The world's IT department

If, as has been claimed, India is the world’s IT department, then Tata Consulting Services is a big part of the reason why. Sitting within the giant conglomerate Tata Group, TCS is India’s largest company by market capitalisation and has total assets of around $55 billion.

It is one of the main reasons why India is so strong in IT services, and since 1992 its European HQ has been in Amsterdam. ‘The Netherlands was one of the first adopters of a global sourcing model,’ says Benelux Director Amit Kapur. ‘So from that perspective, it was right to put our efforts here and then see if you can expand into other markets. The Netherlands was one of the driving forces of global sourcing.’

The ‘global sourcing model’ sees organisations buy their business services from whoever can offer the best value, regardless of where they may be. TCS offers more than just the call centres or junior programmers often associated with outsourcing, and has a full range of high-end consulting services. ‘If you look at the companies that come from the Netherlands, it makes it easier to engage with them because they have seen the world beyond their country’s boundary. And the moment you see a world beyond your country’s boundary, you are able to relate to trends in other markets,’ he says.

Anew global way of working

TCS was one of the first organisations to take advantage of the new global way of working, and has always been an innovative organisation (founder Jehangir Tata became India’s first licenced pilot in 1929). And it was the innovative nature of the Dutch market that helped encourage TCS to set-up shop in the Netherlands. ‘The Netherlands works as a huge hub for innovation and for adoption of newer processes, if you compare it to some other European markets,’says Kapur. ‘We see progress in other markets, but the Netherlands, we believe, is by far the leader.’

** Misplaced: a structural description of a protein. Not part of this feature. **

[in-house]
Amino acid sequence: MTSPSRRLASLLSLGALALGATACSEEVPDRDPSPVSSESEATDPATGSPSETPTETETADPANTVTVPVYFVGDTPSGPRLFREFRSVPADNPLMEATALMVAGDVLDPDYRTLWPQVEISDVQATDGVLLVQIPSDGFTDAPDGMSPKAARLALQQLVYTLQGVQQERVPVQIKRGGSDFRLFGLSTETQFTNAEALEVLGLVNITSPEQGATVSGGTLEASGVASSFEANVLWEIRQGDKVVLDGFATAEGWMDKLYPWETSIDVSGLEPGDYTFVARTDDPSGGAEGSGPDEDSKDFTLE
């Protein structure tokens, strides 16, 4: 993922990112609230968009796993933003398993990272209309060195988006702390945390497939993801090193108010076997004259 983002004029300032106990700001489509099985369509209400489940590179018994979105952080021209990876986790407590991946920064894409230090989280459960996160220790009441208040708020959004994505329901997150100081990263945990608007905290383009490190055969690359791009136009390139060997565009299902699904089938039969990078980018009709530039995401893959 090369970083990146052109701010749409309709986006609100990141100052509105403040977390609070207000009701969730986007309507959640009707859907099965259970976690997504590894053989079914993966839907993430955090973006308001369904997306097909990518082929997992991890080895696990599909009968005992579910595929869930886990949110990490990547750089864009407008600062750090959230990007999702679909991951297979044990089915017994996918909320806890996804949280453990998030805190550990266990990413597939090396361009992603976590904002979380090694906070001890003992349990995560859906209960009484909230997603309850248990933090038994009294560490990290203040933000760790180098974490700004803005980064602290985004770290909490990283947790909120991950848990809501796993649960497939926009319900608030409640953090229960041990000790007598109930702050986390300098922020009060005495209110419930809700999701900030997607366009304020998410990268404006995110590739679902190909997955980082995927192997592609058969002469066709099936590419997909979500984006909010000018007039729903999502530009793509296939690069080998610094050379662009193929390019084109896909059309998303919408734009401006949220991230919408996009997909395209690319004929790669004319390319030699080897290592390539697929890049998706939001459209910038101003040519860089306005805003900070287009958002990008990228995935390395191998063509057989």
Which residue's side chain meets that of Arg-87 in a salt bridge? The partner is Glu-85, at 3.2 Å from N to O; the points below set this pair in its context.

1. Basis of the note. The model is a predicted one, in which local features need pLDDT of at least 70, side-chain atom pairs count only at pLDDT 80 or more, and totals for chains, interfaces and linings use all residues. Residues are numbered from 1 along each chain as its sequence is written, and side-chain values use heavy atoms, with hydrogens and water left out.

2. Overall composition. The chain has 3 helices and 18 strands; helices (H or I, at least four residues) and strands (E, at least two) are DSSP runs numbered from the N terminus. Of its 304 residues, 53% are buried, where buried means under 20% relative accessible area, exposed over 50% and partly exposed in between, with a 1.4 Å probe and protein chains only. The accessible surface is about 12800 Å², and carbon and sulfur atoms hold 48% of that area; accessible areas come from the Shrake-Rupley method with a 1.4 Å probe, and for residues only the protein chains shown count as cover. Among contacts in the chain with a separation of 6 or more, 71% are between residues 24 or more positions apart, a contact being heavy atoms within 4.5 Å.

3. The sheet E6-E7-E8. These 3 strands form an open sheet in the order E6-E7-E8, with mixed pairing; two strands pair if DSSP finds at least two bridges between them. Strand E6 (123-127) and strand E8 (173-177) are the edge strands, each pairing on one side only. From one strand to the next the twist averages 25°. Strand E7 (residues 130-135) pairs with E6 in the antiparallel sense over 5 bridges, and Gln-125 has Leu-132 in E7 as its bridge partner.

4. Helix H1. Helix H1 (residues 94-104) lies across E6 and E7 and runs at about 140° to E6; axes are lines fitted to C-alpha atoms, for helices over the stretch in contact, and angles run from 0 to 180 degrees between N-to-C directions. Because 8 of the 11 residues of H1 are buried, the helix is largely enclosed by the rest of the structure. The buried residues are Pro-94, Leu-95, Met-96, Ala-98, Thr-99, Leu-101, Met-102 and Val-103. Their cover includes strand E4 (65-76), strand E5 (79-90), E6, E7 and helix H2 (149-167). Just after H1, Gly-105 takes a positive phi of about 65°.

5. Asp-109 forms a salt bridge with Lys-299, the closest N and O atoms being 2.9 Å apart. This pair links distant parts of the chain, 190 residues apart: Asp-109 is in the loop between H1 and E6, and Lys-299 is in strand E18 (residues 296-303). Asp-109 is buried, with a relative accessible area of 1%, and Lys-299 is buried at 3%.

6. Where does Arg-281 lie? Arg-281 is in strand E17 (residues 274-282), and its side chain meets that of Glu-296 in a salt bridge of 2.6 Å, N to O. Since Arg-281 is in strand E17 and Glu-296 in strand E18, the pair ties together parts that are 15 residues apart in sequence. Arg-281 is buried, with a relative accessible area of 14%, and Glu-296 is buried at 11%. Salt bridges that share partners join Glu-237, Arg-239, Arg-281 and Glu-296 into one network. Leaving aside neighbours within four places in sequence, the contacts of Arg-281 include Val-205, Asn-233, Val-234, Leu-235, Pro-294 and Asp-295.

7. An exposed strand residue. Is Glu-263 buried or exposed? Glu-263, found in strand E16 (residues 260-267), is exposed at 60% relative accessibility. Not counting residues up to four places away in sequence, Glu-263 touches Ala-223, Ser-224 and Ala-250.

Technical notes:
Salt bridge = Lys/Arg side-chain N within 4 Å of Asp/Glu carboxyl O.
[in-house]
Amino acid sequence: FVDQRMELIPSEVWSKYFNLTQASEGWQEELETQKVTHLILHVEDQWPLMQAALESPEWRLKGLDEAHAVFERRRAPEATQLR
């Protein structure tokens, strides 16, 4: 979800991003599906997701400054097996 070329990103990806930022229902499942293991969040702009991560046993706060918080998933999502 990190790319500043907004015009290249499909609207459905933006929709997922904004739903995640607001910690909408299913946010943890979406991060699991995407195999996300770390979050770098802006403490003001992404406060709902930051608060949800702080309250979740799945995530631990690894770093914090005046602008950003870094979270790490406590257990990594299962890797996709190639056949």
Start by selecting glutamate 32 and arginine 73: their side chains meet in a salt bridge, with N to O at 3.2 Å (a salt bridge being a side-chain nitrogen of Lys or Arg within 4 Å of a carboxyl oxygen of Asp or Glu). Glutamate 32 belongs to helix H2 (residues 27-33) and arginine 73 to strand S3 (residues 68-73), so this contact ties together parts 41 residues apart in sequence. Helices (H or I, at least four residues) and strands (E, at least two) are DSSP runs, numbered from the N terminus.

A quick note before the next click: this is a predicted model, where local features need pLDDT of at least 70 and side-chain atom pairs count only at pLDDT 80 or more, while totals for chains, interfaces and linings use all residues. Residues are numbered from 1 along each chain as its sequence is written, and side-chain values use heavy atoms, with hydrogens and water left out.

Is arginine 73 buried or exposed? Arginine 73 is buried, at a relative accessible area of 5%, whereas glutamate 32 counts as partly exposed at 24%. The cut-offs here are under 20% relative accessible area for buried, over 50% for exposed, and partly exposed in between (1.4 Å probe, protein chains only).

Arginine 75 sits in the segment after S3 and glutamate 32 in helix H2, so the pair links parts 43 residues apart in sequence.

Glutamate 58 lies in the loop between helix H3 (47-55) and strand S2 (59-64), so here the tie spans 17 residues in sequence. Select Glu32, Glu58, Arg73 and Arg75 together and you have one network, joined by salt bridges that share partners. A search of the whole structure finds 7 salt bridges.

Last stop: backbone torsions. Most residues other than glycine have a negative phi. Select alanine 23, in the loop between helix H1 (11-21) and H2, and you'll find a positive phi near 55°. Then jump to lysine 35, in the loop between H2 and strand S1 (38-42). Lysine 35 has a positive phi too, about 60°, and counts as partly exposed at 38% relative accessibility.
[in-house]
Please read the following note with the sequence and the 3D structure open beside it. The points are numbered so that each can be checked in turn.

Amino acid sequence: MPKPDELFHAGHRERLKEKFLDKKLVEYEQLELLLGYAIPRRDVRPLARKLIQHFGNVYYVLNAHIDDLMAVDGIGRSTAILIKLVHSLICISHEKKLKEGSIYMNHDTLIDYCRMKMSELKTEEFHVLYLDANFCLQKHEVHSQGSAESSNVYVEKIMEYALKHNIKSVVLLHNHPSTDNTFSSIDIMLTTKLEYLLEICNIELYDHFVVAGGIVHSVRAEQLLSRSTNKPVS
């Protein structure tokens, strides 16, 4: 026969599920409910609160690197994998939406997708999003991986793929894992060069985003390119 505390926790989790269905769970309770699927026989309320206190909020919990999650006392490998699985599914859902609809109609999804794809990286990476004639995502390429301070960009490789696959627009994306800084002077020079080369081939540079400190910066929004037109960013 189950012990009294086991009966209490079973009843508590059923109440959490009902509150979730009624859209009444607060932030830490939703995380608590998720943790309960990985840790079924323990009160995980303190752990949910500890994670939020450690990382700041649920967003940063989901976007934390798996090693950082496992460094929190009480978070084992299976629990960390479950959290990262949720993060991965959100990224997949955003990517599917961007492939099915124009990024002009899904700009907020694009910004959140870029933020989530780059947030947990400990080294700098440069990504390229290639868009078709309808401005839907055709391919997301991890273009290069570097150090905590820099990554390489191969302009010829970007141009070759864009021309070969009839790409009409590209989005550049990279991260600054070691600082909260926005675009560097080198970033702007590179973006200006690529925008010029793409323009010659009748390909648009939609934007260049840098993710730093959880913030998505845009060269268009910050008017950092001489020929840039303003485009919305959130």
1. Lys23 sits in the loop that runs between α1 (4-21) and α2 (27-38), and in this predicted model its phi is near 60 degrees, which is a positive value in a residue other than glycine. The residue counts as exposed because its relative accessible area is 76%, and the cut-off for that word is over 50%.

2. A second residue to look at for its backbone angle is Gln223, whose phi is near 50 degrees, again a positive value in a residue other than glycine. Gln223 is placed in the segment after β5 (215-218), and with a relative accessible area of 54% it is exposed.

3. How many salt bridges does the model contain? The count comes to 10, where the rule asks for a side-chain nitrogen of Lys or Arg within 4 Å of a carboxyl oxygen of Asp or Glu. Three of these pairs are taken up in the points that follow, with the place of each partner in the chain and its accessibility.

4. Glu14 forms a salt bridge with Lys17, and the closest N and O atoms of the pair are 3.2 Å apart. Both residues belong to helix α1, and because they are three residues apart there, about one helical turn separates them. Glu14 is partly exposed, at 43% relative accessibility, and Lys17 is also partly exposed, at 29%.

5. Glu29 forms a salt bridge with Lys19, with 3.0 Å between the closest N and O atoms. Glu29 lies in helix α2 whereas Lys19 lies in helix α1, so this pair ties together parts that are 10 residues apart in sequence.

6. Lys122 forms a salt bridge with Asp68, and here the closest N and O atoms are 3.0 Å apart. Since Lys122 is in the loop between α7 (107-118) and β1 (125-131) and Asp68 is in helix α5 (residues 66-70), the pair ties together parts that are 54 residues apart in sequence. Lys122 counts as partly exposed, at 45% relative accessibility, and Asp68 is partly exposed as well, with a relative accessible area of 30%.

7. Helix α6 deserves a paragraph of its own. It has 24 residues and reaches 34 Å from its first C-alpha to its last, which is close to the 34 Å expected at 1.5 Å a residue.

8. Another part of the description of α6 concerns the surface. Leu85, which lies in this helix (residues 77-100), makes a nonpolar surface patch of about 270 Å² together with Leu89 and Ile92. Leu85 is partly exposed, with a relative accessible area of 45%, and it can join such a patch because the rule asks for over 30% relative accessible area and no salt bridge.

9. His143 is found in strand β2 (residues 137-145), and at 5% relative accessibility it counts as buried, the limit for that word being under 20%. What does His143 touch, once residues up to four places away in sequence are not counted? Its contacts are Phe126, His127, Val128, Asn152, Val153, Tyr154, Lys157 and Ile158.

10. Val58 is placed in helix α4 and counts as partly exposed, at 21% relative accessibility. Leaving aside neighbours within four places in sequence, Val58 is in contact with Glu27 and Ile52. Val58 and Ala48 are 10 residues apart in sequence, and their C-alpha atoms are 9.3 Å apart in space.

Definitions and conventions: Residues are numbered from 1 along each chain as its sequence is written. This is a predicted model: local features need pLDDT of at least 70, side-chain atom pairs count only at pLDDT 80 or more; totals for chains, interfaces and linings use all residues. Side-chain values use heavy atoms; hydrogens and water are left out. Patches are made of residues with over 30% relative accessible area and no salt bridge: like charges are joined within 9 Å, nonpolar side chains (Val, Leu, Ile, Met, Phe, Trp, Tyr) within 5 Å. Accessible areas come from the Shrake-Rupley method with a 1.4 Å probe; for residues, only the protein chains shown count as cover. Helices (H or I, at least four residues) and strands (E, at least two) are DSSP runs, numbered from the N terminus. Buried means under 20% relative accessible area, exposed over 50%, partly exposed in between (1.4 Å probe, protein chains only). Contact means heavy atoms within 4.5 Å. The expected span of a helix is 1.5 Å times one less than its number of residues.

The firm’s taste for innovation has seen it create partnerships with many of the leading knowledge institutes that lie within striking distance of TCS’s HQ in the cluster of skyscrapers at Amsterdam Zuid. ‘Some of our managers have engaged with the University of Amsterdam, and we have gone on courses on strategy and management with the Amsterdam Business School. I always feel that you should never stop learning and we devised a special course with them tailored towards the business managers of TCS,’ explains Kapur.

Other programmes include sponsorship of the Amsterdam Marathon and supporting the cancer research of the VU University Amsterdam. TCS also opens up to students from Rotterdam School of Management, which has one of the world’s most highly regarded MBA programmes. ‘We give a real problem to a group of students to research, and they come back without a bias. You tickle the young brains on what innovative ways you can look at problems and it brings a complete new line of thinking. At the same time, it’s an open forum to engage students.’

Engaging those young minds gives TCS some advantage in the battle for local talent, but given the nature of its business, ‘local’ tends to have a fairly broad meaning. ‘In the continent of Europe, TCS will have close to around 20,000 associates servicing the market. Within the Netherlands, we have close to 3,500 people servicing the Dutch market,’ says Kapur. ‘Of which around 700 people will be living in the Netherlands and the rest will be servicing the market from locations like India, Budapest, China or wherever the customer calls for it. Around 25- 30% of our population is stationed in customer locations and the rest work from global centres.’

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